get in [to the industry], can have the chance to be seen. Once you're on the list, it's great. But getting on it in the first place is hard. Sometimes [people don’t make] a connection between what I do and why that's worth money. Particularly because I work with textiles and knitting. [People think] ‘My granny was a knitter. Why would you get paid for that stuff?’. So there's a bit of a disconnect between the skills I have and what people think that's worth. [As a photographer], I’ll be at events [in my own time] and people say, ‘could you just take a couple of pictures while you're here?’ I've taught myself to find ways of letting people down gently. I've developed a system of saying I do so much pro bono work every year, and unfortunately, that's now already allocated. I think the main thing that controls how much work I do is my physical capabilities. So that means I do turn things down. I don't do weddings, because they’re really intense full days. It's a really, really tough job - a really skilled job. And I don't think I could do that. The other thing that will prevent me from getting work is the fact that I live in a small village. If people want me they have to pay enough [to cover] my travel expenses in my fee. If somebody has a

tight budget, I think that makes a difference [to whether they can pay that extra]. And if it's a last minute gig, they're not going to pick me, they're going to pick somebody in their local area. You might not always think that the creative industries would be obsessed with productivity, but we still are. It's [all about] ‘how much can you do?’ And many of the residencies and things that I look at would be great, but from a disability perspective I can't do a month solidly, or I can't do a long weekend [where] every day starts at nine and finishes at seven. In an ideal world we'd all be well enough to work like [that], because there's a great adrenaline in deadlines, and working really hard, and pushing through. But I did that recently because it was a wonderful opportunity, and then I was ill for three weeks - I had to go to bed. I wouldn't have swapped [the experience], but it's not sustainable. For a residency I'm doing next week - they specifically said ‘what are your needs? We’ll work around what you can do, instead of you trying to fit into what everybody else assumes is okay’. As a household, we are mortgage free, which is amazing. I live with a partner who took early retirement, so we have a steady, livable income - not an extravagant income - through his pension. We have a small flat that we were able to pay off when my partner took early retirement. Financially, we're in no trouble if I don't work.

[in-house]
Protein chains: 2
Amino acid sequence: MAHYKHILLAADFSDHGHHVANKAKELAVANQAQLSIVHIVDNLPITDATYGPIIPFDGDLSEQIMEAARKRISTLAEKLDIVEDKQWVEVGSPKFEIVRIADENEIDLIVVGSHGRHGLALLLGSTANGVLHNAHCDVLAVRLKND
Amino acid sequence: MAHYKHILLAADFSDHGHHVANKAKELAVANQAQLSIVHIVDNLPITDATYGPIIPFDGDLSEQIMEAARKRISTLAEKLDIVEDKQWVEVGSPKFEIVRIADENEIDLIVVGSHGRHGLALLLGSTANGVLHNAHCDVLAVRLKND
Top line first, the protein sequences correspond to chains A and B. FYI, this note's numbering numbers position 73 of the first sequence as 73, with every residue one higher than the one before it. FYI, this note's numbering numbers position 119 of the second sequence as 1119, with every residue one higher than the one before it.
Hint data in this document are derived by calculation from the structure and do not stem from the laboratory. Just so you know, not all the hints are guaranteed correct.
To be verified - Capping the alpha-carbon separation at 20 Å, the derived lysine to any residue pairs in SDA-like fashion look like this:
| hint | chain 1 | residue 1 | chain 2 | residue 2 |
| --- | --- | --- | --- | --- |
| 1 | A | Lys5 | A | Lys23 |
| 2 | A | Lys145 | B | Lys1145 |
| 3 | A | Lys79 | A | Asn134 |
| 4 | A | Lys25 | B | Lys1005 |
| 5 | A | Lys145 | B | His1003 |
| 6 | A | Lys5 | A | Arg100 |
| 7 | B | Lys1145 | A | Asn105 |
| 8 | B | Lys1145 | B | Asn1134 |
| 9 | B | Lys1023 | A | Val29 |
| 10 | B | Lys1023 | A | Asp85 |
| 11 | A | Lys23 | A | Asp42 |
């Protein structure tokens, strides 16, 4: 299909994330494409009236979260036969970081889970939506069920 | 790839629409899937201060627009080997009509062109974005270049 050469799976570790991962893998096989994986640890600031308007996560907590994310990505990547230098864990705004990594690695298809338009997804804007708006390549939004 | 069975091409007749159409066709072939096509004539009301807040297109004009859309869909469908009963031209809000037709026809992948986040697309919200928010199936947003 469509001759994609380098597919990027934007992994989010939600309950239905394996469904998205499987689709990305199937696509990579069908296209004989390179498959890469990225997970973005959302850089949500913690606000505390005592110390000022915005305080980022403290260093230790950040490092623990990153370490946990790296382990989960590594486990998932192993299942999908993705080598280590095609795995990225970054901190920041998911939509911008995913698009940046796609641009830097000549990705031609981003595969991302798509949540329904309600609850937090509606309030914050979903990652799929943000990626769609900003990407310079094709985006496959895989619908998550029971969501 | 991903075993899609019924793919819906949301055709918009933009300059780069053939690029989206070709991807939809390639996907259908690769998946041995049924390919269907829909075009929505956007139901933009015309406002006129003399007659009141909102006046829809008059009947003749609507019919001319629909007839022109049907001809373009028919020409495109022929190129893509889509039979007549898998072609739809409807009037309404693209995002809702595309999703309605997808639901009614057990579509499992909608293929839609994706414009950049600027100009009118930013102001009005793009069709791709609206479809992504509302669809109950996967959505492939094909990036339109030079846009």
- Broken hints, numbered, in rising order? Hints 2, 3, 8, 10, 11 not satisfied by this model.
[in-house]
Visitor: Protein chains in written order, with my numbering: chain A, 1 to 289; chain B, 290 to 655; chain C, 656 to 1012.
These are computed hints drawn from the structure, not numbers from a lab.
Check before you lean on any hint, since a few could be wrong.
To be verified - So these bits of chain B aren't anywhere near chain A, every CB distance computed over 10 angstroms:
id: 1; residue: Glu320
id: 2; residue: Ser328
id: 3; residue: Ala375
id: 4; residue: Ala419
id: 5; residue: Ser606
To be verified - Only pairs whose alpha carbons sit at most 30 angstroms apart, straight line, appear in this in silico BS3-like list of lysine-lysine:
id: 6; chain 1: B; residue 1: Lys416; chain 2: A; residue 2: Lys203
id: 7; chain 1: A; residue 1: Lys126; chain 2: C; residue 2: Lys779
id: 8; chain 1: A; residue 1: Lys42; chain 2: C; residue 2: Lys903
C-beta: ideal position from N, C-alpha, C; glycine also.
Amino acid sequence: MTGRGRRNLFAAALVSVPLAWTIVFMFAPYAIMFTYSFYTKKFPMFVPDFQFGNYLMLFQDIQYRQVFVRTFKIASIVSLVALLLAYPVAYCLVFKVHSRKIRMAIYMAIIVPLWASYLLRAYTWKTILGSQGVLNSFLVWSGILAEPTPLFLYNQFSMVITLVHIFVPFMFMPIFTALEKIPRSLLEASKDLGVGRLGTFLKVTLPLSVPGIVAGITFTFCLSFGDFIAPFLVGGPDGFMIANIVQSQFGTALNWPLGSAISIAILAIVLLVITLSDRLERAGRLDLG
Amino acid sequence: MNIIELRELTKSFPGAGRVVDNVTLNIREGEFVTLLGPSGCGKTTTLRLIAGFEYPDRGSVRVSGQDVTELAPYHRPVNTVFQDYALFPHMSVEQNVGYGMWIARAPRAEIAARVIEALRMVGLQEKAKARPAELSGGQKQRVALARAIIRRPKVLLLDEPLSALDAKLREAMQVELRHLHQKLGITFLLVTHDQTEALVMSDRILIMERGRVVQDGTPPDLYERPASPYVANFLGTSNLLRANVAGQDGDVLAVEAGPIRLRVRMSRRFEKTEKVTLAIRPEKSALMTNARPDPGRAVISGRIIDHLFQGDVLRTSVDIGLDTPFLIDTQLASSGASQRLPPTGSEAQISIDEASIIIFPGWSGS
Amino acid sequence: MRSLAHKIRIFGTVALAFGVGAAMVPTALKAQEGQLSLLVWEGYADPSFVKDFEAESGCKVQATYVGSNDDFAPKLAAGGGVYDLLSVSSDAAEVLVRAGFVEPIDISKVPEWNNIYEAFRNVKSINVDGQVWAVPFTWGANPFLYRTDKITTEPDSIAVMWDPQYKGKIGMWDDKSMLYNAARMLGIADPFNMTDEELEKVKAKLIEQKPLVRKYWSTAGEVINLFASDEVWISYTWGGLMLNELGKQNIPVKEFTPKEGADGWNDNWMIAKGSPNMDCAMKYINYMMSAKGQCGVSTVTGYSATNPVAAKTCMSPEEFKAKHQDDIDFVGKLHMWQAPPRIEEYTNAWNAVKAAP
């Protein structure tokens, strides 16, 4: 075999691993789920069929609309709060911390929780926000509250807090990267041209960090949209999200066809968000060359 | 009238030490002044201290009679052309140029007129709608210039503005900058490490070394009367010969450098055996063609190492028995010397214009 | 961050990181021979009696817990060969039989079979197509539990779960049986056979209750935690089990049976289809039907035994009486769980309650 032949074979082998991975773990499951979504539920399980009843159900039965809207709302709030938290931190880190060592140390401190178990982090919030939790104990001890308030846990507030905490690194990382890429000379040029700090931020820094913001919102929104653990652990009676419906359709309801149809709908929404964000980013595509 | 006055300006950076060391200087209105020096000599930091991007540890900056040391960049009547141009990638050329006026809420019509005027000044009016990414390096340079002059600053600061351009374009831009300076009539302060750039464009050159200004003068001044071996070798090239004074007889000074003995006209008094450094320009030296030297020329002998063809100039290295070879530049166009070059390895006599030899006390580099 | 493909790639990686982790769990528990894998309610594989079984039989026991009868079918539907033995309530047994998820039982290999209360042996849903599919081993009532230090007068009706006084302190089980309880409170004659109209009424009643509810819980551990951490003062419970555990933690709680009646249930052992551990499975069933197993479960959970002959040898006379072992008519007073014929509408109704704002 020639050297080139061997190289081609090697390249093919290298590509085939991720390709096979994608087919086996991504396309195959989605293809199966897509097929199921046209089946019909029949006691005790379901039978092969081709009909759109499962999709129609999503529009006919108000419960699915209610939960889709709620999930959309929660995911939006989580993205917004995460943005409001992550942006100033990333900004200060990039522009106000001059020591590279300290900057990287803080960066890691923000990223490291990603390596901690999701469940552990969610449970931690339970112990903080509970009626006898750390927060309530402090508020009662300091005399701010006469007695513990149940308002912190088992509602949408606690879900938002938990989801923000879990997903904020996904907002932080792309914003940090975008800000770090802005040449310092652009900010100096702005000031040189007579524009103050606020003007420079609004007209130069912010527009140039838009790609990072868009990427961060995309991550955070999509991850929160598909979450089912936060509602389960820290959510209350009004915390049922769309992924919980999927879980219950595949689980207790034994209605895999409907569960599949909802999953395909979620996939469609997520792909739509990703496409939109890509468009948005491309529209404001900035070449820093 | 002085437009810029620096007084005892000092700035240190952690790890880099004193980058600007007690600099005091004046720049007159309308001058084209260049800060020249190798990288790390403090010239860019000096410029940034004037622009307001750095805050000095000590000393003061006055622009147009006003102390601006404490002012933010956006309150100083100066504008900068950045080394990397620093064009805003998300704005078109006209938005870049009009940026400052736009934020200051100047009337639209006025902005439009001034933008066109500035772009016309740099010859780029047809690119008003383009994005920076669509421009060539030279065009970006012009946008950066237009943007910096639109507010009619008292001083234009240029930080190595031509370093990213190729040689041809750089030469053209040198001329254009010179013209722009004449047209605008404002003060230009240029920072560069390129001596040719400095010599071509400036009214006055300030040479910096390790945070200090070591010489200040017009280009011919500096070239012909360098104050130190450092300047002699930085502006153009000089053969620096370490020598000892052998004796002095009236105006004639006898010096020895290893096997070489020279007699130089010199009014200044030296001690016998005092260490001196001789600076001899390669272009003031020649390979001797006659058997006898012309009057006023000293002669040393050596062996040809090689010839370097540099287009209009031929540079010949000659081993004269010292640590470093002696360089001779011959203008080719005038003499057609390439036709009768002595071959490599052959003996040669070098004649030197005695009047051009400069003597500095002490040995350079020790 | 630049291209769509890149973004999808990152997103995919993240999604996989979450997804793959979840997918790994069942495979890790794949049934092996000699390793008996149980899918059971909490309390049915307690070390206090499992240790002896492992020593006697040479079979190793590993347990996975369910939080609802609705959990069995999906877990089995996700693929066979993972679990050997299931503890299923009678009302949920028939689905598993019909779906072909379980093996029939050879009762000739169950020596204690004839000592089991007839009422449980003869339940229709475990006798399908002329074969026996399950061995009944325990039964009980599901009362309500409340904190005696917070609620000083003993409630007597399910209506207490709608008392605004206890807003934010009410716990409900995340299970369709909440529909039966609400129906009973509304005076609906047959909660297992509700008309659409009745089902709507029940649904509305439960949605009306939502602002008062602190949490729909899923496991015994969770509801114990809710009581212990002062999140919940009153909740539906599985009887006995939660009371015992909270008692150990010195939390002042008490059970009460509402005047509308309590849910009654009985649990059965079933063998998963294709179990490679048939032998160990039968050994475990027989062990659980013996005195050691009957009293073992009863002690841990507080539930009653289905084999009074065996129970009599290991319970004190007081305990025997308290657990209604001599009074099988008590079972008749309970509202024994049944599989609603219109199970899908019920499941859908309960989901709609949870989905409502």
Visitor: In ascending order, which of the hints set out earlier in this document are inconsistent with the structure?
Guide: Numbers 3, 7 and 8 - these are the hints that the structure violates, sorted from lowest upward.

The Creative Hustle is a research project conceived and delivered by Kathryn Welch (, delivered with support from Creative Scotland’s Stay, See, Share fund.